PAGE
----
"The Raven and Archer Yi"
By Shiu L. Kong and Elizabeth K. Wong

These stories explain how the sun and moon became the way they are today.
1. The Downing of the Nine Suns
When the world began, Dijun the Sun God and his wife had ten sons. These sons
were winged birds of fire and served as suns in the sky.
Dijun worked out a schedule so that only one of his sons would be perched on the
Fusong Tree each day, giving off just the right amount of heat and light to the earth.
When it was not their turn, the nine other sons rested in the sea.
One day, having had enough of the monotony of sitting alone in the tree all the time,
the ten sons rebelled against their parents and flew up into the tree together. This brought
disaster to the earth, as the combined rays of the ten suns seared and scorched its surface.
The heat and light were so intense that the earth’s inhabitants had to hide in deep,
dark holes. Even the rocks and metals were slowly melting away. Nothing could escape
the burning rays.
The people of earth prayed to the gods for help. The Sun God and Goddess tried to
persuade their children to stop their nonsense, but to no avail.
However, there was a god by the name of Yi who was very concerned about the
plight of the people. He asked Dijun if he might have permission to shoot the rebels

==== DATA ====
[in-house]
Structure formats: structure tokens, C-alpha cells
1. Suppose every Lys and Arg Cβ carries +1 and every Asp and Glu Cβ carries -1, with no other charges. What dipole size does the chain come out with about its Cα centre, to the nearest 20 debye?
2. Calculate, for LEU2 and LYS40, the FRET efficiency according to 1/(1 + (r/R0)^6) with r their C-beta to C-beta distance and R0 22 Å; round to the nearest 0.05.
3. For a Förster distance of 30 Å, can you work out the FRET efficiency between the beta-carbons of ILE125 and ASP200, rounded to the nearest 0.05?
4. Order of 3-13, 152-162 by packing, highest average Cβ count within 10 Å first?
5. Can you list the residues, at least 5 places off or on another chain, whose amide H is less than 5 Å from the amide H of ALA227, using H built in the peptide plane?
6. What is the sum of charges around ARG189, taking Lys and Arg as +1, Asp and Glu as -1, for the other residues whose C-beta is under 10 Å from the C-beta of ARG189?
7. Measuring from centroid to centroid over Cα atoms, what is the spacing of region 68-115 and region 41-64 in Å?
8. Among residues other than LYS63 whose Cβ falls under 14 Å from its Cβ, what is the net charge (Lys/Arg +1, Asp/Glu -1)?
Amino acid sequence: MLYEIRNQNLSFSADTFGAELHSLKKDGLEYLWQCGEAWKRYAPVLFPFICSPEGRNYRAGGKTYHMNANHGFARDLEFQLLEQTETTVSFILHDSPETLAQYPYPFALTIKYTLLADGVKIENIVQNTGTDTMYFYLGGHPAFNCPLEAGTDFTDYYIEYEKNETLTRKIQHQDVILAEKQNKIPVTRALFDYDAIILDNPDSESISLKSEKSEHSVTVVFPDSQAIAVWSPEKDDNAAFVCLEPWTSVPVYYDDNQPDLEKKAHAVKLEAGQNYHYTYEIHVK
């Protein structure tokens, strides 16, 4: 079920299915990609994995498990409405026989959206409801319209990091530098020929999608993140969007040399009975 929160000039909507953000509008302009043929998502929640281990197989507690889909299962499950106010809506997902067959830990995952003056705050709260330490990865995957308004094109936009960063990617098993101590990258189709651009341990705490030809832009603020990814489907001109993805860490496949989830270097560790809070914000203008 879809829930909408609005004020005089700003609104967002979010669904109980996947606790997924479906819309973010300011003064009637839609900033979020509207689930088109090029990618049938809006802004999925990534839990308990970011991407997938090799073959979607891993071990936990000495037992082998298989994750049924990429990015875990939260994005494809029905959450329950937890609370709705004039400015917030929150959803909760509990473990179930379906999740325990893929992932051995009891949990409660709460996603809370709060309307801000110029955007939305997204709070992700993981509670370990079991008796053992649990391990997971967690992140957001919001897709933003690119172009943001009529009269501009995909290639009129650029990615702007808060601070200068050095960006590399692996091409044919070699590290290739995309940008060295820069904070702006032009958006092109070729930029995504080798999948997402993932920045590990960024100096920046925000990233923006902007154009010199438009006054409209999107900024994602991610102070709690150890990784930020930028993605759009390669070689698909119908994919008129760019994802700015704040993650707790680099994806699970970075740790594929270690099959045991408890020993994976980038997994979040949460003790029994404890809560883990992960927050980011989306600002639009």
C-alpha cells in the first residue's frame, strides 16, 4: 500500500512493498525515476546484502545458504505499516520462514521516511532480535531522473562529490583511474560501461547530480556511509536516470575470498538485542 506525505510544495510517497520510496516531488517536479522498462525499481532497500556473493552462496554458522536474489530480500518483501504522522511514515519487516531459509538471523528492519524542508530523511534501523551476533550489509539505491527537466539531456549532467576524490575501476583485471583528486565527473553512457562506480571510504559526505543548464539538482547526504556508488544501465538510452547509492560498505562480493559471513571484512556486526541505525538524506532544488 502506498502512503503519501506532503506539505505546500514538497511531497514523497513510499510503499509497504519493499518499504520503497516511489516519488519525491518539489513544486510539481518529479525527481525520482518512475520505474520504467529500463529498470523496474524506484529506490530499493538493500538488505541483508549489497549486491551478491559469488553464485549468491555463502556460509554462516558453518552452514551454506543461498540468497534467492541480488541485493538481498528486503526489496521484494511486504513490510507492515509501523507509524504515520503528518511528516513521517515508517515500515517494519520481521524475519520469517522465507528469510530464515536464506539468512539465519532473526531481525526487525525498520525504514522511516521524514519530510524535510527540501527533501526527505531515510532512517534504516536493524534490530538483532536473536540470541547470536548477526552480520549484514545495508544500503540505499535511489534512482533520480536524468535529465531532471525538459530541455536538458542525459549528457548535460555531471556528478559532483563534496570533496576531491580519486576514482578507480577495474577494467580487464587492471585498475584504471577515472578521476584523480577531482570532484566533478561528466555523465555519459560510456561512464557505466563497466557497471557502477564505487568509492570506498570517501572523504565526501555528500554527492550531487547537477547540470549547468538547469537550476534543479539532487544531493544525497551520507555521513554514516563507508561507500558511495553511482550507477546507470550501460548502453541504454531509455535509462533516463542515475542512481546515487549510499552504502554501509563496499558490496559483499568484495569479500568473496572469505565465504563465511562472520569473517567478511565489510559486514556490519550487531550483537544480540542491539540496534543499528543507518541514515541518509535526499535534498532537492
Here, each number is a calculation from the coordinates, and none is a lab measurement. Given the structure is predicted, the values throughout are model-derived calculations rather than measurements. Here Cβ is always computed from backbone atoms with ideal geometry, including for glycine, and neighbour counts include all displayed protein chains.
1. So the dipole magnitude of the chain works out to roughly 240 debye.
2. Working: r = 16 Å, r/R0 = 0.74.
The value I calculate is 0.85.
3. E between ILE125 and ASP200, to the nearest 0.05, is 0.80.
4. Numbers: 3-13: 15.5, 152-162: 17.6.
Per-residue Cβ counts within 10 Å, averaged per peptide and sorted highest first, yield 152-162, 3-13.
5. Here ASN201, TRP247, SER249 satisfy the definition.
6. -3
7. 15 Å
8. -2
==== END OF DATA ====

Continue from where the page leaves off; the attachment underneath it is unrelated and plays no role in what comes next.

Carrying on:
At first, Dijun was extremely reluctant to allow his sons to be treated in this way.
However, when nothing else worked, he finally consented. He gave Yi a magic bow and
a quiver of red arrows. “Do what you must,” he told Yi, “but please do not hurt my
children any more than is necessary.”
Yi was the best archer of the universe. He was also a compassionate god, and
proposed shooting down the sun birds only because it was the last resort to stop the
suffering on earth.
Yi went down to earth and climbed the highest mountain. He showed the sunbirds his
magic bow, but they ignored his warning as they had ignored all the others.
Left with no alternative, Yi fitted an arrow to his bow. He took aim and let the bolt
An instant later, a ball of fire hurtled down to the ground. The sunlight was dimmed
slightly, and the heat was less overwhelming. When people went to examine the fallen
bird, they saw a huge, three-footed raven lying in a crumpled heap on the ground.
Yi shot down two more suns before he paused. Even though three of their brothers
had been rendered useless, the other firebirds refused to give up.
Yi was angered by their stubbornness, and fired arrow after arrow at the dazzling
sources of light in the sky.
When his fury had subsided, the people on earth counted nine dead ravens on the
ground. Yi had one more arrow in his quiver. If he had used all ten arrows, the people
realized, there would have been no suns left, and no more light or warmth. What a close
call that had been.
The last sun left in the sky learned his lesson from this unnerving event. From then
on he never disobeyed his parents.